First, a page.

More Journalistic Offenses of Commission and Omission

September 17th, 2014 · No Comments · economy, financial coverage, health care reform, inequality, journalism, polling

By Arthur Alpert

Some days this gig is frustrating. No, that’s incorrect; it’s frustrating most days because I cannot decide if I should alert you to Albuquerque Journal management’s daily journalistic offenses of commission or its offenses of omission.

Should I say the headline on Winthrop Quigley’s Sept. 14 UpFront column on commercial insurance rates managed to miss the most fascinating part of his complex analysis –the impact of one pricey new hepatitis C drug – while succeeding in bad-mouthing Obamacare?

Or, alternatively, that the Journal has totally ignored the issue of refunding the Export-Import Bank, which subsidizes major American enterprises. This failure has nothing to do, I’m sure, with the Journal’s determination to downplay the struggle between Tea Partiers who oppose and conservatives who support the ExIm Bank.

Oh, and speaking of that struggle within the Right, you would not know from the Journal’s coverage of the US response to ISIS that there are rightists warning against intervention. Instead, the usual suspects beat the war drums.


Should I point out the Sept. 14 story on the Journal’s poll showing Governor Martinez widening her lead over Attorney General King dealt only with that? The editors found no room to note that a NY Times/CBS poll found Martinez’s lead shrinking. (See NM Telegram, Sept. 12.) Nor have they found room to cite the NYT/CBS poll elsewhere.

Or that the editors have neglected to inform you that, as the NY Times Upshot noted Sept. 3, per capita Medicare spending is actually falling, even as they have published several more AP Washington reports on Obamacare’s terribleness.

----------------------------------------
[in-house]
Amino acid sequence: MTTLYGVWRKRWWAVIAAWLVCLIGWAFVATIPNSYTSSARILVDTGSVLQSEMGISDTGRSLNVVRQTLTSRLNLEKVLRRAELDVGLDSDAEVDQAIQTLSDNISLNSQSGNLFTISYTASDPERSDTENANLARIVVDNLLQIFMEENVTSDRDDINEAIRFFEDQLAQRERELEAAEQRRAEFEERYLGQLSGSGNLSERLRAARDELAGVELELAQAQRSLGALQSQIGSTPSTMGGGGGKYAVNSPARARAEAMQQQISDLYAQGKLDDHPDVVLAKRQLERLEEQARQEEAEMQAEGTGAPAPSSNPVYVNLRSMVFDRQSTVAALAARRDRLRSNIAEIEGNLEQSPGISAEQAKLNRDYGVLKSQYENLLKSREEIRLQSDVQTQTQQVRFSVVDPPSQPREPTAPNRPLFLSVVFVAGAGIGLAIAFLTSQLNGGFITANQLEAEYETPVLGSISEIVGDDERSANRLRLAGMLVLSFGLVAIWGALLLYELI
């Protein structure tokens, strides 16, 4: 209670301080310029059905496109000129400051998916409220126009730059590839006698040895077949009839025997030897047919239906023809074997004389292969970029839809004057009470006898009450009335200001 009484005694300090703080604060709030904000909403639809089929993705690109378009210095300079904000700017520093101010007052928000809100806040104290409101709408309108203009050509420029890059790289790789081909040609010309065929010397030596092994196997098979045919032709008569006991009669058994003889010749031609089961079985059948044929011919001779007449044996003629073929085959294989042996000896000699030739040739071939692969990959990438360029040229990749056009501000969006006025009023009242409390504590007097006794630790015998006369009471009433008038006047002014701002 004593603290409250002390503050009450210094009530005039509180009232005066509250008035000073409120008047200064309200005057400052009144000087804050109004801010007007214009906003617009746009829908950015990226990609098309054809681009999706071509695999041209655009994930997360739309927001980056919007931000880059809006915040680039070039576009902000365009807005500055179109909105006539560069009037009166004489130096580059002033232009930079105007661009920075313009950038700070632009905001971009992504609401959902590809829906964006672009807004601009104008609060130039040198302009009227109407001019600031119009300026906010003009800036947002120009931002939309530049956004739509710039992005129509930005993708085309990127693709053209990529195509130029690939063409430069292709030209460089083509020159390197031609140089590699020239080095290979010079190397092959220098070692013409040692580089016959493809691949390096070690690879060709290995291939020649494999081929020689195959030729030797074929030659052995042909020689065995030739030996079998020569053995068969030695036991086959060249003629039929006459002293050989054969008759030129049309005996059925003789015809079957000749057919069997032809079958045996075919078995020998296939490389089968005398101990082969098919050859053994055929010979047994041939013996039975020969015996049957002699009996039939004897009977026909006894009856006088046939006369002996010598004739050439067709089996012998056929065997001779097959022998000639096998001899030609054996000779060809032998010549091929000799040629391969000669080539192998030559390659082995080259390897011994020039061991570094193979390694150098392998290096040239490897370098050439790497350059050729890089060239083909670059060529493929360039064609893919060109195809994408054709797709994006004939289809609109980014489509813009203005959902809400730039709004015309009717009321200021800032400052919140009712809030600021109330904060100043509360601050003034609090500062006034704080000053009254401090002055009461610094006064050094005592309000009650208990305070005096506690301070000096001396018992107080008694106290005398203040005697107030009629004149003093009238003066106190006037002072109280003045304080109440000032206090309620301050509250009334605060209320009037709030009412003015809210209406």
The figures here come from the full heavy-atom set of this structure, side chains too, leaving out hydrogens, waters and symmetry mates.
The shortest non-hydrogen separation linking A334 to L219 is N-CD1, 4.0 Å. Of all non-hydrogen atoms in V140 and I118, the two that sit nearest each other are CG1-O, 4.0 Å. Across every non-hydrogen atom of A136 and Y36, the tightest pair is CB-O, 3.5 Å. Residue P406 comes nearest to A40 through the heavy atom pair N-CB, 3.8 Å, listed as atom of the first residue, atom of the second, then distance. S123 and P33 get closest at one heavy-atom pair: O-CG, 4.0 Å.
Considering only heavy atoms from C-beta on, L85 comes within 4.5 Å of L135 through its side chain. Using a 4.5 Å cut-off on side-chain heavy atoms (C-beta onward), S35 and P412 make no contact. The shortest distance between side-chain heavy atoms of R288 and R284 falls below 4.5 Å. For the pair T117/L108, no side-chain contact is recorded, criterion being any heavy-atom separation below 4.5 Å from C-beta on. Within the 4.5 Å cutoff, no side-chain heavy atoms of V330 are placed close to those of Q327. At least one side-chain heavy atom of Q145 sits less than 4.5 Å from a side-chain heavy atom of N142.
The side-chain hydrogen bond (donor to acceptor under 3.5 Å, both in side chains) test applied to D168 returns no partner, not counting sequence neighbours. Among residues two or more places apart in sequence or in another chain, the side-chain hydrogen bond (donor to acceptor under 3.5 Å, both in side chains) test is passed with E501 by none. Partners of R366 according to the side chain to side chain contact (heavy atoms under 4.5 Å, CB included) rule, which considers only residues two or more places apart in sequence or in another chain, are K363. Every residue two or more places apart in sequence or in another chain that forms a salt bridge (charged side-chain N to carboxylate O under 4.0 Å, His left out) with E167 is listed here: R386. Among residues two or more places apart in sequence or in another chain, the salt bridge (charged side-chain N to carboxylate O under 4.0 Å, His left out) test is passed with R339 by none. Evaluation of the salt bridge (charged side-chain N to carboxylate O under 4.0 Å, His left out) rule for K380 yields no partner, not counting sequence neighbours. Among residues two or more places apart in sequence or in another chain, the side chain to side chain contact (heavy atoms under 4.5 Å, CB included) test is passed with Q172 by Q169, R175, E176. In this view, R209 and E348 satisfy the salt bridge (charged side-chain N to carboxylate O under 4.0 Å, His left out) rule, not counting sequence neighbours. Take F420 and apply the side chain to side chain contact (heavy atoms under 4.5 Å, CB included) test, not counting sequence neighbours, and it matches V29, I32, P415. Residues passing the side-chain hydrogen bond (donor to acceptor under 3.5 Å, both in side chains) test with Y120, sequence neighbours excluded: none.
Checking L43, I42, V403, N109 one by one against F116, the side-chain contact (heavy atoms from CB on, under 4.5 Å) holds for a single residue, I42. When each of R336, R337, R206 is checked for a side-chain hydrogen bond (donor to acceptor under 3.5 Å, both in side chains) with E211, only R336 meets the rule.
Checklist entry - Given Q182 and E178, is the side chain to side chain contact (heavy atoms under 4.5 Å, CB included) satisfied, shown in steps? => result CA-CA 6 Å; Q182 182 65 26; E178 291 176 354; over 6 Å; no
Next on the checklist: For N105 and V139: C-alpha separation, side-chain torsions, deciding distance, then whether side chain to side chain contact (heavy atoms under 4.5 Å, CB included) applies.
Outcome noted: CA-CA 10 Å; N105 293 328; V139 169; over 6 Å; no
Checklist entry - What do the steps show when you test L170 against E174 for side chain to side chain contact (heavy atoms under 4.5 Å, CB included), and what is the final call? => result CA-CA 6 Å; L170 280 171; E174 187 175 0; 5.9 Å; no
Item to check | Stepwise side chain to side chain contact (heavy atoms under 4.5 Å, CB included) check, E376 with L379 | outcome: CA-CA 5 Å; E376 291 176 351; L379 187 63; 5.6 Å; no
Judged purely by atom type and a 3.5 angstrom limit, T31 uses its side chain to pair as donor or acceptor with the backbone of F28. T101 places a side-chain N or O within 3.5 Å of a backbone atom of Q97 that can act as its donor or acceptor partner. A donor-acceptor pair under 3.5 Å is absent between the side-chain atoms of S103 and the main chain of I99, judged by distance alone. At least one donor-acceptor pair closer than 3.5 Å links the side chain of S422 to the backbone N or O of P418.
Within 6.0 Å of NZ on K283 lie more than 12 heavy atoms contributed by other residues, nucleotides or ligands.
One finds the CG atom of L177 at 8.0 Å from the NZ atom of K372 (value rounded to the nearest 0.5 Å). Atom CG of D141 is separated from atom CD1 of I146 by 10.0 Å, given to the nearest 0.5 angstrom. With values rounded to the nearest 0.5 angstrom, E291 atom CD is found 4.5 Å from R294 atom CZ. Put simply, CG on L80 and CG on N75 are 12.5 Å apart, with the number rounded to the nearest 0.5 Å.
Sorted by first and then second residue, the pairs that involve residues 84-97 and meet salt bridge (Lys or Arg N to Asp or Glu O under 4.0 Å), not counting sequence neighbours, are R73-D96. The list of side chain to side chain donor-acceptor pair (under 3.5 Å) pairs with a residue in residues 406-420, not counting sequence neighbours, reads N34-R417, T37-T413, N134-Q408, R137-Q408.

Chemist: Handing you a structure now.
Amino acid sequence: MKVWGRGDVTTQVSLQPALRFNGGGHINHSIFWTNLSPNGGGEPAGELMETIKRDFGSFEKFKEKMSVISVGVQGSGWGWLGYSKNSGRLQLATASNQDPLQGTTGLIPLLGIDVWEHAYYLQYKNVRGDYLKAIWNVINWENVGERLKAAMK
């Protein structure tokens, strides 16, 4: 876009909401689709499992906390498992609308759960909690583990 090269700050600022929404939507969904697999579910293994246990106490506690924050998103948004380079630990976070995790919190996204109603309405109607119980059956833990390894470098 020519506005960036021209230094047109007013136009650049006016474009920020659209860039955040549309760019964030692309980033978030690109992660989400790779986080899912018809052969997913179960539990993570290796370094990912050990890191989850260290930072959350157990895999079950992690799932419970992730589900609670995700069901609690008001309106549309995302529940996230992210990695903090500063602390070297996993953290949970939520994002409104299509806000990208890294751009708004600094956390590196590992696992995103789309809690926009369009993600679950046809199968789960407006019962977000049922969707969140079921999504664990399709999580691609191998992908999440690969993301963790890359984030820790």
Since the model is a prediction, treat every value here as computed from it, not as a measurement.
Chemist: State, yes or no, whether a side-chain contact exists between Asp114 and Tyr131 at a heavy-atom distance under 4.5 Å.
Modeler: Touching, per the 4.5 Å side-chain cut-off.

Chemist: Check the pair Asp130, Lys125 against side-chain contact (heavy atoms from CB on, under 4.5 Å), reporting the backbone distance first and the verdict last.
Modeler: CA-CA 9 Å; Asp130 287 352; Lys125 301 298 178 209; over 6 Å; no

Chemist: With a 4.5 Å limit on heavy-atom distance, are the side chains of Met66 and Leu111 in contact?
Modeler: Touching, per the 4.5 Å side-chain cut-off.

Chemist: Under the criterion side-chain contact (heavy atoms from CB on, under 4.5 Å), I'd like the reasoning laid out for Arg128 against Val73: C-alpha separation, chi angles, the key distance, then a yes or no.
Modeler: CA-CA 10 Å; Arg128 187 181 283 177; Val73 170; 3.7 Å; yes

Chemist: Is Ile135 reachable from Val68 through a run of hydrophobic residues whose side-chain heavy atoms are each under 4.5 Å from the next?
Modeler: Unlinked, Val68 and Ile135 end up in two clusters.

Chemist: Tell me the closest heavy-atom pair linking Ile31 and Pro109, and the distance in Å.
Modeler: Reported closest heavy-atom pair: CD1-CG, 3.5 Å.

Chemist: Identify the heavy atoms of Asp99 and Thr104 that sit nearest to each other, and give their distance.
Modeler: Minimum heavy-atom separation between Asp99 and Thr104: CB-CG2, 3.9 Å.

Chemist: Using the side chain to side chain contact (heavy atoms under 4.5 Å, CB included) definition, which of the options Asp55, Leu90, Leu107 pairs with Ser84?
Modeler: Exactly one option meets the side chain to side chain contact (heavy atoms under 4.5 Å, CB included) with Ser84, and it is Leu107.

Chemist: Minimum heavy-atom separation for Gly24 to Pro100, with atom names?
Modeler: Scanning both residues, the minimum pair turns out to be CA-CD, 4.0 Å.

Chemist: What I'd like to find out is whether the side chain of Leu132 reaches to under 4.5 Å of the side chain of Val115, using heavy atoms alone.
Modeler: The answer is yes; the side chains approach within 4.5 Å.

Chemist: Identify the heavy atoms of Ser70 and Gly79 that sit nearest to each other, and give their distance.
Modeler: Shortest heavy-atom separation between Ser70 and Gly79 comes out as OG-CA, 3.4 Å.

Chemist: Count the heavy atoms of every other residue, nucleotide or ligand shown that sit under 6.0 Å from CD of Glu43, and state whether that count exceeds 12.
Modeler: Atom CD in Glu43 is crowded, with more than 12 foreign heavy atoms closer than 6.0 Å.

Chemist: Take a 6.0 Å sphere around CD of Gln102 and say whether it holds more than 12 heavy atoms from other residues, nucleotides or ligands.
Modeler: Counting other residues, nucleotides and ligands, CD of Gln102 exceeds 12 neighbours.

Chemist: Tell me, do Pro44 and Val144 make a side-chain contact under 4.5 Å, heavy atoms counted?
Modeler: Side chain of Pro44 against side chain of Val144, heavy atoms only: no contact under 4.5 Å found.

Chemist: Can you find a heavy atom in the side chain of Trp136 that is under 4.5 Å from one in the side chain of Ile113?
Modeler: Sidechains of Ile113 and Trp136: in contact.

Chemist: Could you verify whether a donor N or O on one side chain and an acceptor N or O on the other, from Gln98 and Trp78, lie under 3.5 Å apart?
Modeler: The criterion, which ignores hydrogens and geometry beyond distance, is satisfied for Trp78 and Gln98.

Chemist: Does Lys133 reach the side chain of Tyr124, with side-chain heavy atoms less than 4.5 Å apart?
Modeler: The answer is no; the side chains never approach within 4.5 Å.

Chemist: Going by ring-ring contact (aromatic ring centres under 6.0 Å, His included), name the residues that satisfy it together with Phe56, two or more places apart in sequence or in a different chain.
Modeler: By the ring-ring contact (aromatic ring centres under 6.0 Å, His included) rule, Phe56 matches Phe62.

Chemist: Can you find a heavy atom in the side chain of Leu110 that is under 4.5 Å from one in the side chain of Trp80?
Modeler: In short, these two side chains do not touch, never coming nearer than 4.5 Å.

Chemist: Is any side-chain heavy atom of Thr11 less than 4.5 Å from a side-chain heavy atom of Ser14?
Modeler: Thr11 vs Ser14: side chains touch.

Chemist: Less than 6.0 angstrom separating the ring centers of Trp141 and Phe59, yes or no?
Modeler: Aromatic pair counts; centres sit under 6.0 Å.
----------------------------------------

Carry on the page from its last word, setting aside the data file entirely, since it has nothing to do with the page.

Should I note the Journal’s amazing hire, a mind-reading headline writer? “Winter wants to build bridges, cut drama” was the headline atop Jon Swedien’s interview with interim APS superintendent Brad Winter on page one, Sept. 16.

Poor Swedien. Lacking ESP, he reported only what Winter said. The writer of the rubric, however, saw into the politician’s soul.

In this case, the problem would appear to be basic journalistic ignorance, not bias. I find that cheering.

However, while it’s fine that Swedien failed to identify Winter as of the same political persuasion as the governor and interim education secretary, the editors’ decision to put the story on the front page suggests we should keep an eye on the Journal’s treatment of the APS situation.

Returning to omissions, I must point out the Journal’s failure to report a big Standard and Poor’s story because it’s really odd. The Journal loved and respected S&P when it lowered its long-term credit rating on the U.S. (Barack Obama, president) Aug. 5, 2011. The editors’ appreciation of S&P was so strong they never mentioned it lied about bond values, thereby abetting other banksters in perpetrating the great Wall Street heist of 2008.

Yet despite all that, the Journal ignored the S&P study this past August 4 that argued income and wealth inequality is causing slower economic growth.

Pretty good story! The Wall Street Journal reported it August 5. And Neil Irwin wrote in the NY Times the same day:

“The fact that S&P, an apolitical organization that aims to produce reliable research for bond investors and others, is raising alarms about the risks that emerge from income inequality is a small but important sign of how a debate that has been largely confined to the academic world and left-of-center political circles is becoming more mainstream.”

Mainstream, maybe, but not in Albuquerque’s faux newspaper, where debate is not always welcome and discussion of inequality is – what’s the word?

Oh yes, carping.

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